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How Synthetic Biology Is Changing Our World

Written by: Chris Buck, Head of Capital Markets, ROBO GlobalIn Neal Stephenson’s novel The Diamond Age, “matter compilers” create all the basic necessities—food, blankets, and even water—at the touch of a button using streams of energy and basic molecules. A futuristic idea back in 1995, the concept has recently made the leap from fiction to reality thanks to significant advancements in the field of synthetic biology.What is synthetic biology? Put simply, it’s the process of redesigning organisms by engineering them to have new abilities. In a recent interview with Bloomberg, Jason Kelly, CEO at Ginkgo Bioworks, explained the process like this:“Think of a cell. It’s kind of like a little machine that runs on digital code, very similar to a computer, except in this case the code—instead of zeros and ones, it’s A’s, T’s, C’s, and G’s. The cell reads that code, and it does all the things that a cell does in our body—or a bird’s body or bacteria in a river. They’re all running on that digital code. We can read that code with DNA sequencing and can write that code with DNA synthesis or DNA printing. If you can read and write that code, and you have a machine that’ll run it, that’s programming. So synthetic biology is programming cells like we program computers, by changing the DNA code inside them.”That’s precisely what Ginkgo Bioworks and other researchers and companies around the world are doing today to apply synthetic biology to help solve some of our biggest challenges in healthcare, pharmaceuticals, manufacturing, petrochemicals, agriculture, and more. The vast extent of synthetic biology’s reach is precisely why it is becoming an area of focus within ROBO Global’s Healthcare Technology & Innovation Index (HTEC). Here is a quick look at how this fascinating science is already changing our world:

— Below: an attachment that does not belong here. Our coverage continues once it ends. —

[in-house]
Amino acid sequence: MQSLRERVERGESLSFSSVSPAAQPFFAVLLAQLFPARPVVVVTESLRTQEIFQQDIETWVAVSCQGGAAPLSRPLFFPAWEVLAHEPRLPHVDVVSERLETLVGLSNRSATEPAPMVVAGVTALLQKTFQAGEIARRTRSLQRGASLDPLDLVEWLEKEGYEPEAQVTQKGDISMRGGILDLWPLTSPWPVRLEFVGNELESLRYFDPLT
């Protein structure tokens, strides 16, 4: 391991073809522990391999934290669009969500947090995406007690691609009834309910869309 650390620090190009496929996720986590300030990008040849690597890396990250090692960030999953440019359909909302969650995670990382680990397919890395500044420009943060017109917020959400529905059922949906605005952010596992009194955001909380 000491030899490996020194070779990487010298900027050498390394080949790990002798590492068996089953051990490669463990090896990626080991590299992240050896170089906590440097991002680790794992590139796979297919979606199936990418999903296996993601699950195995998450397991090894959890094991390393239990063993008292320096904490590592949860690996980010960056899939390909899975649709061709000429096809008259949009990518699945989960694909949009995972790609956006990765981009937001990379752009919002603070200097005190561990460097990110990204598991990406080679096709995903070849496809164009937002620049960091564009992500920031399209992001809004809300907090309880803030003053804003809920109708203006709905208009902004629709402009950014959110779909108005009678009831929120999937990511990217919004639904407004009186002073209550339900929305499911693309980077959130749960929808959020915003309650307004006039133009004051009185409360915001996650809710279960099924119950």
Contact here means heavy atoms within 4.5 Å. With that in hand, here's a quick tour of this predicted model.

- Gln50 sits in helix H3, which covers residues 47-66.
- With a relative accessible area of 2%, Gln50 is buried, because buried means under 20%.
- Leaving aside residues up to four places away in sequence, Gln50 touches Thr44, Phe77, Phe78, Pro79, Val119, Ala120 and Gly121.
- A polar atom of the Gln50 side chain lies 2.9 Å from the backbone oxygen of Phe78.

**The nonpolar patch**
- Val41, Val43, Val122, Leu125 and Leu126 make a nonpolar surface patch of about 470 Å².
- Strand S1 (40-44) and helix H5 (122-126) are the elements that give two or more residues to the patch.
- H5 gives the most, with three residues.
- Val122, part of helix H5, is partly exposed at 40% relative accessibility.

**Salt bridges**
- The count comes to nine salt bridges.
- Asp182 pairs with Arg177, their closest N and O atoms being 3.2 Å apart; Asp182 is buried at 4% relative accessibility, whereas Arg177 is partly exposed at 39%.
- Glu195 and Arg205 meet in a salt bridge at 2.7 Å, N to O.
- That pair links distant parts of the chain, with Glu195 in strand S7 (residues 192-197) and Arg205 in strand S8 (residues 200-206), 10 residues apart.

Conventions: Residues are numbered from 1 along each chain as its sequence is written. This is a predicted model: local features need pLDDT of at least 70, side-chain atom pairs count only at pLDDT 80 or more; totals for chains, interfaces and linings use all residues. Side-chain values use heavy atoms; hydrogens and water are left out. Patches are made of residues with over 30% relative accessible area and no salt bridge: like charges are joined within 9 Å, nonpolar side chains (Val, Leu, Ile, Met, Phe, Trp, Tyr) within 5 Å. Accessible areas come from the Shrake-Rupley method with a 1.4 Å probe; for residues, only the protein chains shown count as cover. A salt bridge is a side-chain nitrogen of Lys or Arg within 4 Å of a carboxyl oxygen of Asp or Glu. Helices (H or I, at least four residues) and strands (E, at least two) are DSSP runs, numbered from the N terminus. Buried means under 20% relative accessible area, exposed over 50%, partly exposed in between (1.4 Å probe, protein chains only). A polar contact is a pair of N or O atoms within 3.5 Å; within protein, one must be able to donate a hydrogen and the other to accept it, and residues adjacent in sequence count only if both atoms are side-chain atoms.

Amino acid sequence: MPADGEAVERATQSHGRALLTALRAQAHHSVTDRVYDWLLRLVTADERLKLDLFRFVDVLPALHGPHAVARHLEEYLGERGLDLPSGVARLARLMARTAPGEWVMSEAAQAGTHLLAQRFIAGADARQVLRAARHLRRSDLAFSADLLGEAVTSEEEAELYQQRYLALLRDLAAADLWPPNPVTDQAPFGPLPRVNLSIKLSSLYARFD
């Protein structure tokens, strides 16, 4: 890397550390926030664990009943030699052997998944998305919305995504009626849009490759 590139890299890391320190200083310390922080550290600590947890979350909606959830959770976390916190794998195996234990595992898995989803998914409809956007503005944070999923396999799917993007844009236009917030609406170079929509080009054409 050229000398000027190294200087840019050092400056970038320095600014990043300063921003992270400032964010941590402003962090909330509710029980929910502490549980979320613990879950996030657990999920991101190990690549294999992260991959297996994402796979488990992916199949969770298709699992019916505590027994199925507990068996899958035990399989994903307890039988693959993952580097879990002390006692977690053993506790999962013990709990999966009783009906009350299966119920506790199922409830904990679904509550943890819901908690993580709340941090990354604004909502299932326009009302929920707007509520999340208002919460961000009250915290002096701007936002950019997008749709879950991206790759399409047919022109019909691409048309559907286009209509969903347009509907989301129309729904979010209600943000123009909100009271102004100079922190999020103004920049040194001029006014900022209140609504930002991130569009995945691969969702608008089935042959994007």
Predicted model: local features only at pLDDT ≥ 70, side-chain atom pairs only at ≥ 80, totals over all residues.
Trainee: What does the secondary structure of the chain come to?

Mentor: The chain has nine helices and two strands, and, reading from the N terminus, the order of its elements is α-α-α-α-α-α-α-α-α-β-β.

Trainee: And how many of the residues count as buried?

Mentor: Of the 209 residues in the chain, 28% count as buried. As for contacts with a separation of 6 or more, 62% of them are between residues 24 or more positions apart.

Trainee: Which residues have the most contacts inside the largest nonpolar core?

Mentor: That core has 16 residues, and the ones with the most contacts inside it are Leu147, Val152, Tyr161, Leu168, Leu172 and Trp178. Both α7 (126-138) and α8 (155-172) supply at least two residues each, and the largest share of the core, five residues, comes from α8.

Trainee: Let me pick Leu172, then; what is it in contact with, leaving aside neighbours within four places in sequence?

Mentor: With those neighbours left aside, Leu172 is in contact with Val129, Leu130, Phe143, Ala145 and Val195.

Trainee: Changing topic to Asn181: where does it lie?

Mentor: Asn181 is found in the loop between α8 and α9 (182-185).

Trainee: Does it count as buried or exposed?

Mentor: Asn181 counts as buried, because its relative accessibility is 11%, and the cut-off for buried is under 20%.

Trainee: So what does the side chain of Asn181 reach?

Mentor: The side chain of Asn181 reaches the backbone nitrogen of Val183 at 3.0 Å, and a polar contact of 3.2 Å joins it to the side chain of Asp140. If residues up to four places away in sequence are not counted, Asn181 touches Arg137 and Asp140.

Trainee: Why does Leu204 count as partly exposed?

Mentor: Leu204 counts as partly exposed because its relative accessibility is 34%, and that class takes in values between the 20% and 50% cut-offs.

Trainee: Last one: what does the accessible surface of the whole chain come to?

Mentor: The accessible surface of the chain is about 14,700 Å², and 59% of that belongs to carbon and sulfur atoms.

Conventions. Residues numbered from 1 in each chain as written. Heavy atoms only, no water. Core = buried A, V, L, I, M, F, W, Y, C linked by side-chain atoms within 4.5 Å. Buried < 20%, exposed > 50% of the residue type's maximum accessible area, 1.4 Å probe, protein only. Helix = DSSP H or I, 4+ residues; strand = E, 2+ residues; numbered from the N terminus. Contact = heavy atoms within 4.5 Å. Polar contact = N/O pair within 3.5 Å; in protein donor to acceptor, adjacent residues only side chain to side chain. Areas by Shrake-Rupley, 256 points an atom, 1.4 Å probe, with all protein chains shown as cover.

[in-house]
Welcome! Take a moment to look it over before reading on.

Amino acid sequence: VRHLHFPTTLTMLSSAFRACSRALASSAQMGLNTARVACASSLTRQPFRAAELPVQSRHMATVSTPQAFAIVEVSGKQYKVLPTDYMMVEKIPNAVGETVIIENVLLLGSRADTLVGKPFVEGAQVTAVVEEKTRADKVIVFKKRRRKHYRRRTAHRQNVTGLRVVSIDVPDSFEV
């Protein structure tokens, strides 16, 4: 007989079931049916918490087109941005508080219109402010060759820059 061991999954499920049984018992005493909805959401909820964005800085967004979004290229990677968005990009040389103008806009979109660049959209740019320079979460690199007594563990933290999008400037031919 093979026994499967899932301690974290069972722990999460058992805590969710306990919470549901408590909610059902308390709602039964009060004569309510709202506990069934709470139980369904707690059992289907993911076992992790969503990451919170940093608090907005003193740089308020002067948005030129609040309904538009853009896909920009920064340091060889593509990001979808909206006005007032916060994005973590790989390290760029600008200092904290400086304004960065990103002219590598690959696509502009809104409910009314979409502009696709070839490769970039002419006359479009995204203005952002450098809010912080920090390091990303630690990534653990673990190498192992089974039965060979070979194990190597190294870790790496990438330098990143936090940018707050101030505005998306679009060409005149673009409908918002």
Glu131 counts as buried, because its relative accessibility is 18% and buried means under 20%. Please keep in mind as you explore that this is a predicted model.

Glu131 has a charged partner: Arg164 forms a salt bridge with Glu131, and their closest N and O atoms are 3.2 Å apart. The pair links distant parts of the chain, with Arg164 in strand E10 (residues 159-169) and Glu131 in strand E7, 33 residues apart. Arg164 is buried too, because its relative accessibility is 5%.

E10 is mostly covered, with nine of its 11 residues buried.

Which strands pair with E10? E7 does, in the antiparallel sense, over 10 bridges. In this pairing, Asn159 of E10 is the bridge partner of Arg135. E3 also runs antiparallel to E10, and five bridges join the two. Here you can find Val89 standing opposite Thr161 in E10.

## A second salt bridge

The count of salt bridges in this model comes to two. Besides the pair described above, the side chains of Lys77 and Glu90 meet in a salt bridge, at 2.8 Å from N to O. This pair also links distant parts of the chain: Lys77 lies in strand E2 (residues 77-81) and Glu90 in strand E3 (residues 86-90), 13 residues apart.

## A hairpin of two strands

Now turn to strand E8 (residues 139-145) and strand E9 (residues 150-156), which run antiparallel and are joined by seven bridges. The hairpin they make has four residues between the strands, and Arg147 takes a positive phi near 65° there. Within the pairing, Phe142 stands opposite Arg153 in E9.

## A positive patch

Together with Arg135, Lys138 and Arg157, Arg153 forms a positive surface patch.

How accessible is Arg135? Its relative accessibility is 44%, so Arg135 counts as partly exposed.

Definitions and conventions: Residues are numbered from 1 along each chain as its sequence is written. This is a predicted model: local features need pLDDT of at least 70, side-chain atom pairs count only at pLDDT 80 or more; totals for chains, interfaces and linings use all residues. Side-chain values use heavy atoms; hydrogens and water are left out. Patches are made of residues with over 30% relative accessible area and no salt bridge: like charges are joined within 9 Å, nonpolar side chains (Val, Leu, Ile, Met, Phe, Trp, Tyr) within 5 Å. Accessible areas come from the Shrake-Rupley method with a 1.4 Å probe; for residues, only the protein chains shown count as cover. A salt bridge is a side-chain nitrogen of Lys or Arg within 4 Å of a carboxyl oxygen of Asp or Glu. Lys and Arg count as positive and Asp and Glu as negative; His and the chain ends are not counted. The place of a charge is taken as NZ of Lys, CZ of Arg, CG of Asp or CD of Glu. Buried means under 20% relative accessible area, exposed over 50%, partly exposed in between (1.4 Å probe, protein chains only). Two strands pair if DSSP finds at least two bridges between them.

Synthetic ‘meats’

Beyond Meat grabbed headlines and much investor attention when it closed its first day of trading up 163%. And while plant-based meats like Beyond Meat and Impossible Foods, makers of the Impossible Burger, may currently have the largest brand recognition at the moment, synthetic biology is being put to work by a host of other companies to deliver on the promise of meat-like foods that are not only healthier, but that also reduce the greenhouse emissions associated with traditional animal-based agriculture.Despite the clinical-sounding name, synthetic proteins are attractive to a growing target market, including vegetarians and vegans, animal welfare advocates, and anyone concerned about their own health and the health of the planet. Memphis Meats makes meat, seafood, and poultry in the lab using real animal cells—a process that eliminates animal slaughter and significantly reduces the use of land, water, and energy required. The company announced last week that it raised another $161M in financing, adding SoftBank Group, Norwest, and Temasek to its growing list of high-profile investors. In October, Future Meat Technologies raised $14M in financing to build facilities to manufacture cell-made steak that it hopes to have in stores by 2022. And last February, Ginkgo Bioworks announced $90M in funding for its spinoff, Motif Ingredients, which uses synthetic biology to develop proteins that effectively replace animal-based meat and dairy products.According to Ginkgo Bioworks’ Kelly, the success of Beyond Meat’s IPO is a harbinger of what’s to come. “It proves that public market investors are excited about companies solving big problems in markets like food that haven’t seen serious technology disruption in a long time. Expect much more of that from synthetic biology — this is just the beginning.” [1]